Ischemic stroke has been named one of the leading causes of death worldwide. Whereas numerous biological mechanisms and molecules were found to be associated with stroke, platelets are particularly contributive to its pathogenesis. Recent data indicate considerable variability in platelet phenotype which accounts for differences in platelet surface receptor function, count and reactivity. These features collectively influence both the events leading to a disease and effectiveness of antiplatelet therapies. Consequently, genetic variants predisposing to cerebrovascular diseases can be sequenced using a wide array of techniques and become a useful tool in clinical setting. In this review, we provide an outline of common platelet polymorphisms that impose risk on ischemic stroke development and should be evaluated as targets to improve treatment. As study results are often inconsistent, partly due to differences in demographic characteristics between study populations and the fact that the functional impact of these variants has been relatively small, we conclude that both rare, low-frequency and common variants might account for genetic contribution on abnormal platelet response to antiplatelet drugs.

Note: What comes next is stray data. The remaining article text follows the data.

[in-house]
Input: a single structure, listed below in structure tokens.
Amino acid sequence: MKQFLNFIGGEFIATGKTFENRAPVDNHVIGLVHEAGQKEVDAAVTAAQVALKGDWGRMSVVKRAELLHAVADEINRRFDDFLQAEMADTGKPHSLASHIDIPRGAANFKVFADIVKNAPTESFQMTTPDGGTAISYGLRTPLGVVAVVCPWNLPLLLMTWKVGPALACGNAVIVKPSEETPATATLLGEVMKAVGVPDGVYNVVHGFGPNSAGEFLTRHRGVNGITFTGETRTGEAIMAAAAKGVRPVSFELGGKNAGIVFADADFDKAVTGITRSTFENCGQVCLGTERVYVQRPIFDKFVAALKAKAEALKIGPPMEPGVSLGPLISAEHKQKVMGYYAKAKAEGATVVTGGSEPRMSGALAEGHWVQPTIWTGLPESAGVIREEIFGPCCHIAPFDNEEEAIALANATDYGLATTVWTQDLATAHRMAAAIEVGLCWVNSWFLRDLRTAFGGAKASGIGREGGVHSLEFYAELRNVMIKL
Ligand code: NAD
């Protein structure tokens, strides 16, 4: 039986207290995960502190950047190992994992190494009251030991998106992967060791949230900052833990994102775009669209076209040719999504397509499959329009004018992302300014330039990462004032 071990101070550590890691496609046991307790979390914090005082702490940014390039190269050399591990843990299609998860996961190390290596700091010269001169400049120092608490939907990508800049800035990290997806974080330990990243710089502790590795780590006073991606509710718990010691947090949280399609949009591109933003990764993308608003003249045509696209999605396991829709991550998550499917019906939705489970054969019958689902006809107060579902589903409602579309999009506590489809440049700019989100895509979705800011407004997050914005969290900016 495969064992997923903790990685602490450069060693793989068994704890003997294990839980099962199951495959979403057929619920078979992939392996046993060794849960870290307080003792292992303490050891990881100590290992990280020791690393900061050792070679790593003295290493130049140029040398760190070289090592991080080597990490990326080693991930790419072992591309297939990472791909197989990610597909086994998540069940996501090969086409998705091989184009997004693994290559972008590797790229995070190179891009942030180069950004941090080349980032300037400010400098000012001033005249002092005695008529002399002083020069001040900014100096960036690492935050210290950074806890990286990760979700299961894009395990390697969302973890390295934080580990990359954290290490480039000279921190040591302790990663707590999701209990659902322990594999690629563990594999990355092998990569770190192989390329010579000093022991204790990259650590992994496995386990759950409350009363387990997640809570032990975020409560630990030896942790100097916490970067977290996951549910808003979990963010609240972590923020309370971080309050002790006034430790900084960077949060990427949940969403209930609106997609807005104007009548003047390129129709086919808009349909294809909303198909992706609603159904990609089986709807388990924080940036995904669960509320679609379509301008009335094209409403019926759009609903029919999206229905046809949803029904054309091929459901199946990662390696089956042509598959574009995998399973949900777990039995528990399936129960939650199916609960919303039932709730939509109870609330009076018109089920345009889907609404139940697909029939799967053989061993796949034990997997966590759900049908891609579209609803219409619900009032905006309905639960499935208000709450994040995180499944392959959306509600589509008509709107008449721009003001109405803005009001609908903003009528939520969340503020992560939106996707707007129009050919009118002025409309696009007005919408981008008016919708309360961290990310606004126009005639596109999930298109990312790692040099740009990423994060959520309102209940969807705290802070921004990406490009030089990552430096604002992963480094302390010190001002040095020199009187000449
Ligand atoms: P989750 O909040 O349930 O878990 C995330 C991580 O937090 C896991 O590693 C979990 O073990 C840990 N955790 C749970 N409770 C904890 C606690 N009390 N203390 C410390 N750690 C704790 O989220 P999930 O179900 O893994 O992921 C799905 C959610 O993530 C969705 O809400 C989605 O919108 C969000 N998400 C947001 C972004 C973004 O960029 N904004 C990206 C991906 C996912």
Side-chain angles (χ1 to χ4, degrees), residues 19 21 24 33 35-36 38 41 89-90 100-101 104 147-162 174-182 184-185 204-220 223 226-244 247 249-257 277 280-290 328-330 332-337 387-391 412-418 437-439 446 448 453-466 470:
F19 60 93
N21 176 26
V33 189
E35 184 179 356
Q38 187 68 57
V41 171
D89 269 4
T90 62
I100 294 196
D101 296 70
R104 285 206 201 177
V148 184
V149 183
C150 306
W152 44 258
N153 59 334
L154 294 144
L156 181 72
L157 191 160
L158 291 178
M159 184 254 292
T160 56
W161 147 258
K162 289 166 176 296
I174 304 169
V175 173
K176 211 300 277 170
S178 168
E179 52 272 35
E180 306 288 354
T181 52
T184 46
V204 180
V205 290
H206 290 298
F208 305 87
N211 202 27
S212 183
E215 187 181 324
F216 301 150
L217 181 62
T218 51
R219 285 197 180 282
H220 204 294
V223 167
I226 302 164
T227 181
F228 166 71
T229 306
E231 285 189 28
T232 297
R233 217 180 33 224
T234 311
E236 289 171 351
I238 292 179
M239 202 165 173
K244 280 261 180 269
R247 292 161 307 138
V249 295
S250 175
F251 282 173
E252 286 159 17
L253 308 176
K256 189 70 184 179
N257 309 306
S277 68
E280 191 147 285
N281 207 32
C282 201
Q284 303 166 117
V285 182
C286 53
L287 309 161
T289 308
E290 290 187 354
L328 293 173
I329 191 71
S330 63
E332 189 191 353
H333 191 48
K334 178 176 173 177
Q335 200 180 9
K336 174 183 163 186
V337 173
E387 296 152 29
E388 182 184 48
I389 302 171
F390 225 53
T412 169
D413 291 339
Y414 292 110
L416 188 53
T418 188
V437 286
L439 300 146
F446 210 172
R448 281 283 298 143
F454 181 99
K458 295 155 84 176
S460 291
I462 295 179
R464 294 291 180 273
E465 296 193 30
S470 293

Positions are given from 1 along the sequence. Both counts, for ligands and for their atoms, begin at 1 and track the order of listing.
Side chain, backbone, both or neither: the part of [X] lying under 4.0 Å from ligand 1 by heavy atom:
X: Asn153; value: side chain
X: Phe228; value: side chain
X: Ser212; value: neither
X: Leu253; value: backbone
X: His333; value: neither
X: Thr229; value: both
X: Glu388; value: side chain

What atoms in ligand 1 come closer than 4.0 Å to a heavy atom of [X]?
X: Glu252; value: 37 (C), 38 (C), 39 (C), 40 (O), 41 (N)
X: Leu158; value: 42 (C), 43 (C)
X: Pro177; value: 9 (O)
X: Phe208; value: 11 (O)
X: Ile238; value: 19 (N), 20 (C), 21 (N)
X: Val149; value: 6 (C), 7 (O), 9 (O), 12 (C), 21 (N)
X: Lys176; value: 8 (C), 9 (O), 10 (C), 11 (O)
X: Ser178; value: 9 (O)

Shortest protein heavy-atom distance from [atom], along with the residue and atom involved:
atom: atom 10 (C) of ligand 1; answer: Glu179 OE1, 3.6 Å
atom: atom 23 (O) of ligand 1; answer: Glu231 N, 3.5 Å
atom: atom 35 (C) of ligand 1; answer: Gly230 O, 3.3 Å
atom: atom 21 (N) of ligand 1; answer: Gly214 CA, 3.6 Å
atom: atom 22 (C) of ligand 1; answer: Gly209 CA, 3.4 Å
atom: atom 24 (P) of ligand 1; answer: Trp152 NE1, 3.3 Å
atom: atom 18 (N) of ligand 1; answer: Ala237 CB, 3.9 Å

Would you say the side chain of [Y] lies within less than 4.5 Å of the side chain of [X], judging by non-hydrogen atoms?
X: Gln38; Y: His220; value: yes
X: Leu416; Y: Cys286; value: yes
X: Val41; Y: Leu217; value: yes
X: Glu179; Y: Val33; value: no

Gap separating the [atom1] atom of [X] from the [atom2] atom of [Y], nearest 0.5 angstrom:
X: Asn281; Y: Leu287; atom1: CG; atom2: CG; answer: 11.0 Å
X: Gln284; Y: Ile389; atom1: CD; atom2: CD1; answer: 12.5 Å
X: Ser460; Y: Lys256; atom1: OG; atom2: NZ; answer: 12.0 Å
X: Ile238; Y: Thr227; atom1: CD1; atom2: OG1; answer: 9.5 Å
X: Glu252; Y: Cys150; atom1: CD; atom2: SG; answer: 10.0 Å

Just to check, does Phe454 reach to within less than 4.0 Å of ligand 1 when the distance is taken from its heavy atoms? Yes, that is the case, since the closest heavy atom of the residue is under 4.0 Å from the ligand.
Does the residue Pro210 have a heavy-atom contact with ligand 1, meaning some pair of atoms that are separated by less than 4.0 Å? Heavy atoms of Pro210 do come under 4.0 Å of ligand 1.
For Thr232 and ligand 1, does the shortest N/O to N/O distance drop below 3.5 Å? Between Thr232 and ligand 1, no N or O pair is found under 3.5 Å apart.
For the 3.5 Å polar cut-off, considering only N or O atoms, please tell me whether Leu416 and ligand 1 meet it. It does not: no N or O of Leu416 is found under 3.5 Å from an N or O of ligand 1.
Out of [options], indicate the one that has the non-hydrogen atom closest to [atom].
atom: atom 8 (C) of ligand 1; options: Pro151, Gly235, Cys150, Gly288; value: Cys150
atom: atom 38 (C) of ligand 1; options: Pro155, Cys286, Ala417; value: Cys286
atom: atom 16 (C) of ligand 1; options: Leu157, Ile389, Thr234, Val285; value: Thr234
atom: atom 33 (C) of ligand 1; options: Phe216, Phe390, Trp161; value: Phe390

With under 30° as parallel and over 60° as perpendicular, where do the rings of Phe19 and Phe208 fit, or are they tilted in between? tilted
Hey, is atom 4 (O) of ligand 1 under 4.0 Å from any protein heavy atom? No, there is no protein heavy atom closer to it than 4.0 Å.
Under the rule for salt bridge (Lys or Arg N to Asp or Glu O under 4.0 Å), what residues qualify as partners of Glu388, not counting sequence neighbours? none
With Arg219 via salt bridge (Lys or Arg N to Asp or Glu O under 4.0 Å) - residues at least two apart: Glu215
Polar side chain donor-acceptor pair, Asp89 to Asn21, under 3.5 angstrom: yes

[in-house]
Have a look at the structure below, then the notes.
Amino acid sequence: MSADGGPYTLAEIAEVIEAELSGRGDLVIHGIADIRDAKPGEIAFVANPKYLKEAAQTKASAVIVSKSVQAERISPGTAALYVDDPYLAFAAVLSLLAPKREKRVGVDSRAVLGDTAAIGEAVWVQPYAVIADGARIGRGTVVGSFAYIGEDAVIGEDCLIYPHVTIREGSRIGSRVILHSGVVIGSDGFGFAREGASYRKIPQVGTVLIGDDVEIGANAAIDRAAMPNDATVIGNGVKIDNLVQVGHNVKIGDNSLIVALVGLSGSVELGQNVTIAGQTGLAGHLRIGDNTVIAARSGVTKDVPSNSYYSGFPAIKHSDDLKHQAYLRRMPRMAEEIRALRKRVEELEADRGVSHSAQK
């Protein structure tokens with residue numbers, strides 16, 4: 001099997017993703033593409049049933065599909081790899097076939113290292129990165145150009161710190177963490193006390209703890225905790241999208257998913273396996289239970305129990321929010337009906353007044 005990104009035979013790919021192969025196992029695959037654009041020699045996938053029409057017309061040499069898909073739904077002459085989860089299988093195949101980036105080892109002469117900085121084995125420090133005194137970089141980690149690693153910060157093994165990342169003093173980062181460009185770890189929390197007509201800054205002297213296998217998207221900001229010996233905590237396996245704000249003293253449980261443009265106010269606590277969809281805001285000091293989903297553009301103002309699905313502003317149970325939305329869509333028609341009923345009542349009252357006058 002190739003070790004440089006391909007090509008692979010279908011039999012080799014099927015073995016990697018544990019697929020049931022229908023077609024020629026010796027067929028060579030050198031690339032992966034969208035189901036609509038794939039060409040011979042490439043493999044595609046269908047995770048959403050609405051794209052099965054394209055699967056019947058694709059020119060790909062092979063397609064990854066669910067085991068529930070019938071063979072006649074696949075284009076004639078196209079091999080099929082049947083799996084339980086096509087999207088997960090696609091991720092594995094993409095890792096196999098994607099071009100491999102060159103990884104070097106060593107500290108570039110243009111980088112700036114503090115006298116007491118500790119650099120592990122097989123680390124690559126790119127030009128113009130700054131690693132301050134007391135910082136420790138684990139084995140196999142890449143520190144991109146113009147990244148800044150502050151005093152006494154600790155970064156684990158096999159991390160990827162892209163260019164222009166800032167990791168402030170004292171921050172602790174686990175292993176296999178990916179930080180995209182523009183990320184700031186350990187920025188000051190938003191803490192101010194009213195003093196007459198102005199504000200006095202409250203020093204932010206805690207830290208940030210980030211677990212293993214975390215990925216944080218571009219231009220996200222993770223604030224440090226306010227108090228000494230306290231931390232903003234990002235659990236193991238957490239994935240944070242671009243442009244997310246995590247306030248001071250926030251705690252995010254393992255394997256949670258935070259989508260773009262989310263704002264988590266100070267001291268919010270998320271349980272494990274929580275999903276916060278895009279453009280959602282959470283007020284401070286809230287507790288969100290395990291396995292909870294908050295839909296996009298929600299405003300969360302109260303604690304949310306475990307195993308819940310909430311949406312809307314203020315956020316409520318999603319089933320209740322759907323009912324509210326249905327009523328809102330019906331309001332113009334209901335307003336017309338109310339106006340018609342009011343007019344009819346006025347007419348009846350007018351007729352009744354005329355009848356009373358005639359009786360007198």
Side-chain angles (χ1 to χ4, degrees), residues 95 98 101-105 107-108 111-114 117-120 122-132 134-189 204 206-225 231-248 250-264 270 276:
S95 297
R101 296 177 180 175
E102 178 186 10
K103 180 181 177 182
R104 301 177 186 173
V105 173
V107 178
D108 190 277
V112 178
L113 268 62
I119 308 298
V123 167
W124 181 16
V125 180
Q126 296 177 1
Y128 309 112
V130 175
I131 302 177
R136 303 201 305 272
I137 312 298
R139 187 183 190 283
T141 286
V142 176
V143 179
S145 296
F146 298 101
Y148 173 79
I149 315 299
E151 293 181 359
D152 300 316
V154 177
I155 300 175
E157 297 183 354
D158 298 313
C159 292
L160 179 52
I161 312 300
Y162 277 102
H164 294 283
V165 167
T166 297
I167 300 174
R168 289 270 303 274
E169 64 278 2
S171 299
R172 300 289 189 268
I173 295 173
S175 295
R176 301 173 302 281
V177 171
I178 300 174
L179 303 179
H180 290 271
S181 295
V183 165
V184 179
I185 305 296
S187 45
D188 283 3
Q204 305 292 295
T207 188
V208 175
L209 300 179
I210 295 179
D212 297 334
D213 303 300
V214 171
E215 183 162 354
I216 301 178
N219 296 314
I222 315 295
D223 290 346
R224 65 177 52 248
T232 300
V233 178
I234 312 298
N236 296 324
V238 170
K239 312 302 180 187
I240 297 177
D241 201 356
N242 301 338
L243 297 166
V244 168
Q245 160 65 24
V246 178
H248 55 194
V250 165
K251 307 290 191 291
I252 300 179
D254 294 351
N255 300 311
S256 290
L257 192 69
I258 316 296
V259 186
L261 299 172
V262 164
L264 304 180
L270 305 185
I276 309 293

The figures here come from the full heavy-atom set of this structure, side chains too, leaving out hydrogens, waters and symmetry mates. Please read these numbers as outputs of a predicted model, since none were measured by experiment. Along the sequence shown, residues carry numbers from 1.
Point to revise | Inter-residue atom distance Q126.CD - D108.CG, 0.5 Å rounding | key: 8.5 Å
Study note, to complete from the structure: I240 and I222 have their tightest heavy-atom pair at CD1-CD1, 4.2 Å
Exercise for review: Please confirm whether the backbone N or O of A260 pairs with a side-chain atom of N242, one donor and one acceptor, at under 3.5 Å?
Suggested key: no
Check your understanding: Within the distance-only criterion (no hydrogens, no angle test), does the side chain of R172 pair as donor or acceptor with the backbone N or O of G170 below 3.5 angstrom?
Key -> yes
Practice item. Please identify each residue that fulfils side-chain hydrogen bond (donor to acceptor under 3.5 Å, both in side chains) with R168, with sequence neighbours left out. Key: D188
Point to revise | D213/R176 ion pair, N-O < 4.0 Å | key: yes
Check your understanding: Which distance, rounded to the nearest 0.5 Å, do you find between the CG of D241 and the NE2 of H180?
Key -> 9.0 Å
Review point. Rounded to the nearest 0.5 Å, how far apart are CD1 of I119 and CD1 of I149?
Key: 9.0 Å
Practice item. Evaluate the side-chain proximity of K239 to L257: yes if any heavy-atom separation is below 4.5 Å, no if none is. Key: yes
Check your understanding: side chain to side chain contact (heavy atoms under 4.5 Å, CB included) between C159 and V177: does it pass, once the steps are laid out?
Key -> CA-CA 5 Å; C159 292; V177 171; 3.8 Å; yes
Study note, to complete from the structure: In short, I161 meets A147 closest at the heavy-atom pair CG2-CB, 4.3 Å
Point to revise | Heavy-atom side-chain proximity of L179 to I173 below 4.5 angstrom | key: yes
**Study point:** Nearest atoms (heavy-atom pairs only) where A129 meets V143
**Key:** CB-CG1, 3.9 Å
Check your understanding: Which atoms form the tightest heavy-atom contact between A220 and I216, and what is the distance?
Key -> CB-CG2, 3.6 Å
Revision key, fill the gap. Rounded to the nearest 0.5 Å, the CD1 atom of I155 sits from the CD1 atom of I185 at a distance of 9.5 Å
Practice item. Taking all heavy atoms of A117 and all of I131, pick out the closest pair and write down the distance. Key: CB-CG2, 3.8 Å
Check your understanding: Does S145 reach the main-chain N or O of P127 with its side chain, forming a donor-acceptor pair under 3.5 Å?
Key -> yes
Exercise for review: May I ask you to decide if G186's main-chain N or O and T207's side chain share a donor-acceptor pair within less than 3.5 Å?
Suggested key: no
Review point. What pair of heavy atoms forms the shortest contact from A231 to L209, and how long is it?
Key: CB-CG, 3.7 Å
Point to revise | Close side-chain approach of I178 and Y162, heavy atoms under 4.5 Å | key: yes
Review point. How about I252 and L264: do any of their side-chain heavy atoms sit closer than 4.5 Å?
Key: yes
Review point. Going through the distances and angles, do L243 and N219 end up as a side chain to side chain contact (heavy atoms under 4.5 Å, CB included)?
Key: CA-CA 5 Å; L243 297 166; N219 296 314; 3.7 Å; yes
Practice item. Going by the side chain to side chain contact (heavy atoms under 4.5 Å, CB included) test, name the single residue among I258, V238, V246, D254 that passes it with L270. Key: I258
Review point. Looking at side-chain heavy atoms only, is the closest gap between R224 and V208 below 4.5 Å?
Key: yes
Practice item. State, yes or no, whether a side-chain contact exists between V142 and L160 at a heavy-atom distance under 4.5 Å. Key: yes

|Original language||English (US)|
|Number of pages||19|
|State||Published - Jun 2016|
All Science Journal Classification (ASJC) codes
- Molecular Medicine